Passengers don't want to be reminded that they're about to fly five miles high in a glorified bus. Airports are there to help us forget, says Jonathan Glancey

Architecture: They're so Modern

Adam Caruso and Peter St John are about to put Walsall on the map with their innovative design for a new museum and art gallery. By Jonathan Glancey

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Not even the 'putrid throat' could stop the Ross Poldark swoon-fest'

Not even the 'putrid throat' could stop the Ross Poldark swoon-fest'

How a costume drama became a Sunday night staple
Miliband promises no stamp duty for first-time buyers as he pushes Tories on housing

Miliband promises no stamp duty for first-time buyers

Labour leader pushes Tories on housing
Aviation history is littered with grand failures - from the the Bristol Brabazon to Concorde - but what went wrong with the SuperJumbo?

Aviation history is littered with grand failures

But what went wrong with the SuperJumbo?
Fear of Putin, Islamists and immigration is giving rise to a new generation of Soviet-style 'iron curtains' right across Europe

Fortress Europe?

Fear of Putin, Islamists and immigration is giving rise to a new generation of 'iron curtains'
Never mind what you're wearing, it's what you're reclining on

Never mind what you're wearing

It's what you're reclining on that matters
General Election 2015: Chuka Umunna on the benefits of immigration, humility – and his leader Ed Miliband

Chuka Umunna: A virus of racism runs through Ukip

The shadow business secretary on the benefits of immigration, humility – and his leader Ed Miliband
Yemen crisis: This exotic war will soon become Europe's problem

Yemen's exotic war will soon affect Europe

Terrorism and boatloads of desperate migrants will be the outcome of the Saudi air campaign, says Patrick Cockburn
Marginal Streets project aims to document voters in the run-up to the General Election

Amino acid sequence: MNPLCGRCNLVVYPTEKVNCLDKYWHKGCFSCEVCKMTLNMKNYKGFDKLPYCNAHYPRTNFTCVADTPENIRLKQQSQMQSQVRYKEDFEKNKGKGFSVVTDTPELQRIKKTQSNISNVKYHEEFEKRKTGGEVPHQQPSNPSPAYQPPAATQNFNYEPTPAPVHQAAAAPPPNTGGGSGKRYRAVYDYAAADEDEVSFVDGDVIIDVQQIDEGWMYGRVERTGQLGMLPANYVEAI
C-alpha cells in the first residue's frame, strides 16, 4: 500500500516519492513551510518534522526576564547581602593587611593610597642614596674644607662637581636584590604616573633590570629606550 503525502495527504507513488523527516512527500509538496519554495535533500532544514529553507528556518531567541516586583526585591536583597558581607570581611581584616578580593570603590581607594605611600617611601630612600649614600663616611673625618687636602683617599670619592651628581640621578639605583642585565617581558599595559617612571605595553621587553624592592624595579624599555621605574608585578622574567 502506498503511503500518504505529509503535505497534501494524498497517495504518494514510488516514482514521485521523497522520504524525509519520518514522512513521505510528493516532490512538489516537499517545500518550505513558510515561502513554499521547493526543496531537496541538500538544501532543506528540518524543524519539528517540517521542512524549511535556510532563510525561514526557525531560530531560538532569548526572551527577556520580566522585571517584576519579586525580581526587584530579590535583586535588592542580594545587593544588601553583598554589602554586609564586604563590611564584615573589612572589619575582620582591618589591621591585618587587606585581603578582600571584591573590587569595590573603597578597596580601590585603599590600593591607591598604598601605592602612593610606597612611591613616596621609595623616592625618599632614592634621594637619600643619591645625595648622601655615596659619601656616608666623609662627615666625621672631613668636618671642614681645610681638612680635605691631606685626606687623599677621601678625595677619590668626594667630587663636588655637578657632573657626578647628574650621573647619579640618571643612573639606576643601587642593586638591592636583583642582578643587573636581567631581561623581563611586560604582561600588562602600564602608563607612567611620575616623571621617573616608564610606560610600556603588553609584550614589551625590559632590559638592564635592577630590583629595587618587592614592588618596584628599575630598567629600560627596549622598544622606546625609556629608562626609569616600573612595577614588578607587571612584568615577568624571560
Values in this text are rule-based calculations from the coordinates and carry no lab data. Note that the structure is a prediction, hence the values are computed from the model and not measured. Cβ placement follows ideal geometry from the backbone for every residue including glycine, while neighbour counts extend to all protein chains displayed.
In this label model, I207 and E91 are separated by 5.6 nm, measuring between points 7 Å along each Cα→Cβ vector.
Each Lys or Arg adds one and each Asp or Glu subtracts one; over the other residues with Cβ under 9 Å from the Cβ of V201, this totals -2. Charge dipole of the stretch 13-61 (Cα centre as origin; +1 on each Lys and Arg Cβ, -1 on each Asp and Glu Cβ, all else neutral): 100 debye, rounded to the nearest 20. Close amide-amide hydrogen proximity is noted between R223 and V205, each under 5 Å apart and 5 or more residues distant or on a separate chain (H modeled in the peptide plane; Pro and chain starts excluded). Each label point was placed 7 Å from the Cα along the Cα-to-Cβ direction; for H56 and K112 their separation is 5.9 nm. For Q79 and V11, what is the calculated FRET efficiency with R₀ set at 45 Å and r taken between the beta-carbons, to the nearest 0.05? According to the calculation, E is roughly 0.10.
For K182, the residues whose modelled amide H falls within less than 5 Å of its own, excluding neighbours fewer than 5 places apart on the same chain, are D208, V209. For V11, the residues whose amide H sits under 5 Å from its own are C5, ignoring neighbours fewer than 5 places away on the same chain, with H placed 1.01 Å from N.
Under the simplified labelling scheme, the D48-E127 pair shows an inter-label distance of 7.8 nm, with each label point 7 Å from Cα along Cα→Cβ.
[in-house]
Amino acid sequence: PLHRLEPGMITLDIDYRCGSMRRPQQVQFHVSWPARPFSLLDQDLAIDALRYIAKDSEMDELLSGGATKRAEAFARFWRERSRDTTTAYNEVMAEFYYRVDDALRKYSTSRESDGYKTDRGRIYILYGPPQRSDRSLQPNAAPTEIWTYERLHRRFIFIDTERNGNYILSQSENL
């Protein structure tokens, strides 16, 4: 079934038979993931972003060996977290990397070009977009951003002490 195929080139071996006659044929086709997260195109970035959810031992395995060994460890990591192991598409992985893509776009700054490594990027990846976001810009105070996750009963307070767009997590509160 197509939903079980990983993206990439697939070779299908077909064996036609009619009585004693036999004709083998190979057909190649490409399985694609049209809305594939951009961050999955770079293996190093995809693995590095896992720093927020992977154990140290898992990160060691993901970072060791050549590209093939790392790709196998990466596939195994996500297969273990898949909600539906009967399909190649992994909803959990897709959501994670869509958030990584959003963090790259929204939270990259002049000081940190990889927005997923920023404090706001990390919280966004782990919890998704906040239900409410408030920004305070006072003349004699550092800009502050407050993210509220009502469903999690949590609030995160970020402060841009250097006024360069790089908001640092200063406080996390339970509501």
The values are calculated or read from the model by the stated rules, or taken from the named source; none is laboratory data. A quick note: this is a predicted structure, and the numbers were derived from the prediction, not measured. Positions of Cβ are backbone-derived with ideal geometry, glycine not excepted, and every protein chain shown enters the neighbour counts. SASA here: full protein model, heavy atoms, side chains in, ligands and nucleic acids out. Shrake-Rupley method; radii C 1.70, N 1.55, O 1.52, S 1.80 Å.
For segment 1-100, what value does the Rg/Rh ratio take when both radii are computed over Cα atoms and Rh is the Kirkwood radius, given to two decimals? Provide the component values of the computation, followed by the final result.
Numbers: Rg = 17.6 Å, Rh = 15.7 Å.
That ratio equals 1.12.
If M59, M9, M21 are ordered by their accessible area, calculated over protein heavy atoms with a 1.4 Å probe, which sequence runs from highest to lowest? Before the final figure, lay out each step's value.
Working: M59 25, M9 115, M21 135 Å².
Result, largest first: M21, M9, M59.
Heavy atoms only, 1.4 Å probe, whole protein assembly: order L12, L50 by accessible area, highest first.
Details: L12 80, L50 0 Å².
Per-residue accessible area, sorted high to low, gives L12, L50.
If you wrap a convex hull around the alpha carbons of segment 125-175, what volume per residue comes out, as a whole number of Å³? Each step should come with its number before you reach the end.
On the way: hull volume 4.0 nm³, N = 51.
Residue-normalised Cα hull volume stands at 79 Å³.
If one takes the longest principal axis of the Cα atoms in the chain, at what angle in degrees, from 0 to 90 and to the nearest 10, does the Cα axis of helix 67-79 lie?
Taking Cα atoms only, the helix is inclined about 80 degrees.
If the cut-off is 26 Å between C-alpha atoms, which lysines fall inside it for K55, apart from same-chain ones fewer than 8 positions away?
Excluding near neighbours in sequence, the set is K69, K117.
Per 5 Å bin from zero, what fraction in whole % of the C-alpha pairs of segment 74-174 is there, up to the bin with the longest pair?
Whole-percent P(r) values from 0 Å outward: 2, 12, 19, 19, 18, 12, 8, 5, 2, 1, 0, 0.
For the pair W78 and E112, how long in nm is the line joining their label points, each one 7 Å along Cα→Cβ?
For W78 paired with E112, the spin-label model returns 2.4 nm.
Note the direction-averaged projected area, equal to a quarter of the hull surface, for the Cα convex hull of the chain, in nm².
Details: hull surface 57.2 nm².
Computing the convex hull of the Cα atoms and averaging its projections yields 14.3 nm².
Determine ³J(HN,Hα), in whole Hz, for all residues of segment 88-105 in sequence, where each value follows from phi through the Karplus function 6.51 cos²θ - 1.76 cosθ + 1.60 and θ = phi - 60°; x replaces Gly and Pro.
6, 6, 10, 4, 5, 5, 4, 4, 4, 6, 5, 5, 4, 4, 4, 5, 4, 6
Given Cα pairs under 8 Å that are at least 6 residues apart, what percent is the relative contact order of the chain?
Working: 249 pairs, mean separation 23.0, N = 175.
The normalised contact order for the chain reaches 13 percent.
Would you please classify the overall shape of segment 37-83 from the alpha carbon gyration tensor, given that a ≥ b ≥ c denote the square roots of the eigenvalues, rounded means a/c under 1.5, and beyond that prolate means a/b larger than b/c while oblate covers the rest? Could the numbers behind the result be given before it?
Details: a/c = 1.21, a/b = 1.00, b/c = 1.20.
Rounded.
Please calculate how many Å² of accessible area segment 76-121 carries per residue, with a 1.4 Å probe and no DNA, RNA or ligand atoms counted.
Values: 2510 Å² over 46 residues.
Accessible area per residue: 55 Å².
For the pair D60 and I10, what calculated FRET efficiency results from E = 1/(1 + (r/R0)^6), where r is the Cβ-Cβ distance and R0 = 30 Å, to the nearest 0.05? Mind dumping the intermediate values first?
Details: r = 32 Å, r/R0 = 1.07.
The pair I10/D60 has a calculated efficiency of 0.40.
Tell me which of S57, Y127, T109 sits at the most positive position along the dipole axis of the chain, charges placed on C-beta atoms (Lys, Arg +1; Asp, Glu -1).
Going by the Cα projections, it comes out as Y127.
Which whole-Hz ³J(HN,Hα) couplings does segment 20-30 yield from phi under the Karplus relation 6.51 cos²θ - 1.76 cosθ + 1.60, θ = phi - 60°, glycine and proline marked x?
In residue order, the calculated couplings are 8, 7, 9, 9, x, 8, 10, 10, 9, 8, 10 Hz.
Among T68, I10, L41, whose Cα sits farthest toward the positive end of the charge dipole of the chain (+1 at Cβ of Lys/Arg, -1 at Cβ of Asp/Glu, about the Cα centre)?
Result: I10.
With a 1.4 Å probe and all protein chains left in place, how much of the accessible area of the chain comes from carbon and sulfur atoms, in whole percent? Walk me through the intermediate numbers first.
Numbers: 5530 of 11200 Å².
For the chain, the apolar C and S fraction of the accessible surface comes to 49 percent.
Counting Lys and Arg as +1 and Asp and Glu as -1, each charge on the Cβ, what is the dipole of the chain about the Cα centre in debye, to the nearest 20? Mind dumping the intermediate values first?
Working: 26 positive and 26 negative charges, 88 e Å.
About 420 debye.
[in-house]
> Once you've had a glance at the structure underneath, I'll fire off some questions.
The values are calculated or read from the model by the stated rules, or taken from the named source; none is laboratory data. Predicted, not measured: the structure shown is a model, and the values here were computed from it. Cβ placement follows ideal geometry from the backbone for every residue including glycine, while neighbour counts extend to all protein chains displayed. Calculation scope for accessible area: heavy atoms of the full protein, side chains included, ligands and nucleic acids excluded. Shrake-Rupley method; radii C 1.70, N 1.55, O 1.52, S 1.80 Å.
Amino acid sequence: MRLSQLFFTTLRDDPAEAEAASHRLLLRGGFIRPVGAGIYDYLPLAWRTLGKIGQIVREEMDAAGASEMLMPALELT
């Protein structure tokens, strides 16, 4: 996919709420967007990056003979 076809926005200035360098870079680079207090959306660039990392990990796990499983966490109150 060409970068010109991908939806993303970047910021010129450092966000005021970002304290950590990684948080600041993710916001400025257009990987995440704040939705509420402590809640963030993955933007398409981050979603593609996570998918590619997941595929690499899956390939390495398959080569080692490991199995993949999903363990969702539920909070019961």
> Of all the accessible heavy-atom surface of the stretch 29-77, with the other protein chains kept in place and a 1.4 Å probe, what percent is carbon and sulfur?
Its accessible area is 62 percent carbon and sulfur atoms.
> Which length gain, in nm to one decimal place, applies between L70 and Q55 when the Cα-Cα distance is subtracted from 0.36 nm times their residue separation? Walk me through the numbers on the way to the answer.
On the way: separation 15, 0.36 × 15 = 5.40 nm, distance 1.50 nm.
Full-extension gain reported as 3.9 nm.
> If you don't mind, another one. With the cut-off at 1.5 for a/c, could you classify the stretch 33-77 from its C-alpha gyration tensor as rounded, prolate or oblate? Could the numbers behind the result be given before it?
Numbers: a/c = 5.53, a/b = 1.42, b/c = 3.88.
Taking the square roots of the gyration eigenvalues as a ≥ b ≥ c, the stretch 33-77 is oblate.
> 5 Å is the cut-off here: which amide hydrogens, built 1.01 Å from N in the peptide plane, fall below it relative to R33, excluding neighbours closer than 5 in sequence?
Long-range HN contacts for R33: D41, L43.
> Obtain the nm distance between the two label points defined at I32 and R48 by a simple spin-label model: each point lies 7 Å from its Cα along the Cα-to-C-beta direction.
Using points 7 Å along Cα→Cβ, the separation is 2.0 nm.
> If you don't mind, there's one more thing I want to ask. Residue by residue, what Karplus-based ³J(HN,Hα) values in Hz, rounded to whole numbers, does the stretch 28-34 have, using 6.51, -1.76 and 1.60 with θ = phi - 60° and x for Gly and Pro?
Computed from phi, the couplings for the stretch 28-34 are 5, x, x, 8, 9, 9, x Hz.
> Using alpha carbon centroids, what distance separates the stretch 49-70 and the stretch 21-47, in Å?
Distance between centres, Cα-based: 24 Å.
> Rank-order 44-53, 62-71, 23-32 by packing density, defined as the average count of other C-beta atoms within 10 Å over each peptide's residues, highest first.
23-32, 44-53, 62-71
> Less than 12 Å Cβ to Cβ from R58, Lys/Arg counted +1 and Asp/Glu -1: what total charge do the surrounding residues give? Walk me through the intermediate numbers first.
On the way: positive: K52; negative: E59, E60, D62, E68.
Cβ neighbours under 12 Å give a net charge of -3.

Marginal Streets project documents voters

Independent photographers Joseph Fox and Orlando Gili are uploading two portraits of constituents to their website for each day of the campaign
Game of Thrones: Visit the real-life kingdom of Westeros to see where violent history ends and telly tourism begins

The real-life kingdom of Westeros

Is there something a little uncomfortable about Game of Thrones shooting in Northern Ireland?
How to survive a social-media mauling, by the tough women of Twitter

How to survive a Twitter mauling

Mary Beard, Caroline Criado-Perez, Louise Mensch, Bunny La Roche and Courtney Barrasford reveal how to trounce the trolls
Gallipoli centenary: At dawn, the young remember the young who perished in one of the First World War's bloodiest battles

At dawn, the young remember the young

A century ago, soldiers of the Empire – many no more than boys – spilt on to Gallipoli’s beaches. On this 100th Anzac Day, there are personal, poetic tributes to their sacrifice
Dissent is slowly building against the billions spent on presidential campaigns – even among politicians themselves

Follow the money as never before

Dissent is slowly building against the billions spent on presidential campaigns – even among politicians themselves, reports Rupert Cornwell
Samuel West interview: The actor and director on austerity, unionisation, and not mentioning his famous parents

Samuel West interview

The actor and director on austerity, unionisation, and not mentioning his famous parents
General Election 2015: Imagine if the leading political parties were fashion labels

Imagine if the leading political parties were fashion labels

Fashion editor, Alexander Fury, on what the leaders' appearances tell us about them
Phumzile Mlambo-Ngcuka: Home can be the unsafest place for women

Phumzile Mlambo-Ngcuka: Home can be the unsafest place for women

The architect of the HeForShe movement and head of UN Women on the world's failure to combat domestic violence